By Edward Ortiz, Sacramento Bee
California’s drought is imperiling tricolored blackbirds, large trees and native fish, with some of the affected species already on the state’s endangered list and others likely headed there because of rapidly declining numbers, scientists say.
“The problems created by the drought are just a harbinger of things to come,” said Peter Moyle, a professor at the UC Davis Center for Watershed Sciences, which hosted a daylong Capitol summit Friday on economic and environmental costs of the drought.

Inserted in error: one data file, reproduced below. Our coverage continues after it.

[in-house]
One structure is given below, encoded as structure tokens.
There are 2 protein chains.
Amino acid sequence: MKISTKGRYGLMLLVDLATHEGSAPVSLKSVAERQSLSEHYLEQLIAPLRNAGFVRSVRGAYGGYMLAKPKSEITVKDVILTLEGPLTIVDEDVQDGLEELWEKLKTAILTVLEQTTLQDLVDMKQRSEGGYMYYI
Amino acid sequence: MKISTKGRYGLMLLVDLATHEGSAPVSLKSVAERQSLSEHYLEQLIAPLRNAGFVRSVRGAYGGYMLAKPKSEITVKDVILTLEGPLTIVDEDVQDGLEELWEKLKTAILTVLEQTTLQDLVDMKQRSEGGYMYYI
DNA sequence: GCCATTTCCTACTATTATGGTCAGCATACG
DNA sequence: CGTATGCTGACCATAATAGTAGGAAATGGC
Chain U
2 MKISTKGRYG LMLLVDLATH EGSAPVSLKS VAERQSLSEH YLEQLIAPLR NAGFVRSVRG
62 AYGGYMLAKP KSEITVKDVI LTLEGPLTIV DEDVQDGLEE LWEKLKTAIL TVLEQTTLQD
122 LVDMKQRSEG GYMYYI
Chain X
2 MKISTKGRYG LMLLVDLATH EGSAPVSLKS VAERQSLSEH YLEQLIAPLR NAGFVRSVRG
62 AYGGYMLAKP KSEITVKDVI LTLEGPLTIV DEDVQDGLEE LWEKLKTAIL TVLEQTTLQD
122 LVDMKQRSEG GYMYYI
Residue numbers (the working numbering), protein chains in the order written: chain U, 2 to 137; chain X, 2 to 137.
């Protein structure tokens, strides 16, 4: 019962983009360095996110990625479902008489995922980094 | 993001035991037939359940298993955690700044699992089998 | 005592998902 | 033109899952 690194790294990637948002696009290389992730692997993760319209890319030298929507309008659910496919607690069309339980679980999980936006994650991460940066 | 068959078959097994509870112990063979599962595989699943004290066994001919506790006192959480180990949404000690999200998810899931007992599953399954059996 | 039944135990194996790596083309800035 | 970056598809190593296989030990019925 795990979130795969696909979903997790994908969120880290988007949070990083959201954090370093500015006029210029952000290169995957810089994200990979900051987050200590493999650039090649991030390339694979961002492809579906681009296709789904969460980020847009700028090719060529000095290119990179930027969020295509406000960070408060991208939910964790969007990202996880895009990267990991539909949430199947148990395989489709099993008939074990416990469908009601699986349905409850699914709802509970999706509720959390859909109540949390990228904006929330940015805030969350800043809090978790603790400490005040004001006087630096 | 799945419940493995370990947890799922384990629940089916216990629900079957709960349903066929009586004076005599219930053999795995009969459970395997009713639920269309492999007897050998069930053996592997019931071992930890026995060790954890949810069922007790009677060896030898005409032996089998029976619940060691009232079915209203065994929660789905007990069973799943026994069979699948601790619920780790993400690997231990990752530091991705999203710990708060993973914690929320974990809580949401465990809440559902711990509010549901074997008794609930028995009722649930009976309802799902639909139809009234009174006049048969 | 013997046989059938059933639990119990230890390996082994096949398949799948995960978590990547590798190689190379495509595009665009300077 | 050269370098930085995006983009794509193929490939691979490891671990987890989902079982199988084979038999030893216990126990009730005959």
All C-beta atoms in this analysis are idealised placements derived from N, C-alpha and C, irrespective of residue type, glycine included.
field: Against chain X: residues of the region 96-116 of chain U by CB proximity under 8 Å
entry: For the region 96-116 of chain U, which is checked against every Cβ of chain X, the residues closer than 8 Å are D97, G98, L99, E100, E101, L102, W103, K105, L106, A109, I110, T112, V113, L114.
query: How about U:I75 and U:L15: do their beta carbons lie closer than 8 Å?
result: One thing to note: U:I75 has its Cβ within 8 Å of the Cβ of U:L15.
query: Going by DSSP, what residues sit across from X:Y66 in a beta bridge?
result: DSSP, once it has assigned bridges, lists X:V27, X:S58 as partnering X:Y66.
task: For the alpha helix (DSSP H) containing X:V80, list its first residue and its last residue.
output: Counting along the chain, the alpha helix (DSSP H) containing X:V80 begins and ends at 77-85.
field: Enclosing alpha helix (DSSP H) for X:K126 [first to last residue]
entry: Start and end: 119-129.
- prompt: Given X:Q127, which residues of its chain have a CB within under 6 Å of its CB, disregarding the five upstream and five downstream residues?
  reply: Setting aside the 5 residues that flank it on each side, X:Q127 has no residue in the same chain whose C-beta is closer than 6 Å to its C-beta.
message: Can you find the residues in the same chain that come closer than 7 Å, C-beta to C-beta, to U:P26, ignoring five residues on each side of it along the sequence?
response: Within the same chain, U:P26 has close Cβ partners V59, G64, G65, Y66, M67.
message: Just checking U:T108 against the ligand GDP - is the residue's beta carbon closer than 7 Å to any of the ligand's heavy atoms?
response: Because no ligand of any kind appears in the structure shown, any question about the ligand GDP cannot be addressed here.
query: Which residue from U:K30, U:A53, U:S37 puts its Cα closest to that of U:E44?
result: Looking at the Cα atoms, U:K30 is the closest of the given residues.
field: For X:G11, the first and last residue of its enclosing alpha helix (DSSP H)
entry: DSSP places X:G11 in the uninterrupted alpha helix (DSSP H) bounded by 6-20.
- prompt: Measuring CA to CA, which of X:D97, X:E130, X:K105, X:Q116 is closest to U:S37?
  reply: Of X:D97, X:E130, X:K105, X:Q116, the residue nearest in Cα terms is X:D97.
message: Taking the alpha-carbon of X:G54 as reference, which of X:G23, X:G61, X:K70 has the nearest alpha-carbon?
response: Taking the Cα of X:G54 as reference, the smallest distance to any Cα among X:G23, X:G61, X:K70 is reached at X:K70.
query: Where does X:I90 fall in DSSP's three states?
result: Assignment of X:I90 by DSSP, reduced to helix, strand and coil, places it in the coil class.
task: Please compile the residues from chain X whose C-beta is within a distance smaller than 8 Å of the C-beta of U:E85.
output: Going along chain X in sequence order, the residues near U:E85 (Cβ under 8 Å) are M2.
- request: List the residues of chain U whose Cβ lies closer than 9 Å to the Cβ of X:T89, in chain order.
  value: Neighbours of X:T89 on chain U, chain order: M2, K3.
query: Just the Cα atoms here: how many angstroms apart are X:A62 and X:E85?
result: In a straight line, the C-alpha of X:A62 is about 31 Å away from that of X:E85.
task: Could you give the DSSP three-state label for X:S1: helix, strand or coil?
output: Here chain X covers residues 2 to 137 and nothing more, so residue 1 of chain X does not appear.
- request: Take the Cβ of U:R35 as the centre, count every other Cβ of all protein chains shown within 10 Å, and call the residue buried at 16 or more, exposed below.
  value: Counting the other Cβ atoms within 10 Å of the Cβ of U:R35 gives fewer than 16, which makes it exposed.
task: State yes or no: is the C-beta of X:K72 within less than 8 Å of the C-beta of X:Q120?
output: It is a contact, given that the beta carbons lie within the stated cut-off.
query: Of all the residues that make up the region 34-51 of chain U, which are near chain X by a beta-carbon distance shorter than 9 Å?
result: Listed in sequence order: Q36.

“Native fishes and the ecosystems that support them are incredibly vulnerable to drought,” Moyle said. “There are currently 37 species of fish on the endangered species list in California – and there is every sign that that number will increase,” he said.
Eighty percent of those species face extinction by the year 2100 if present trends continue, Moyle said.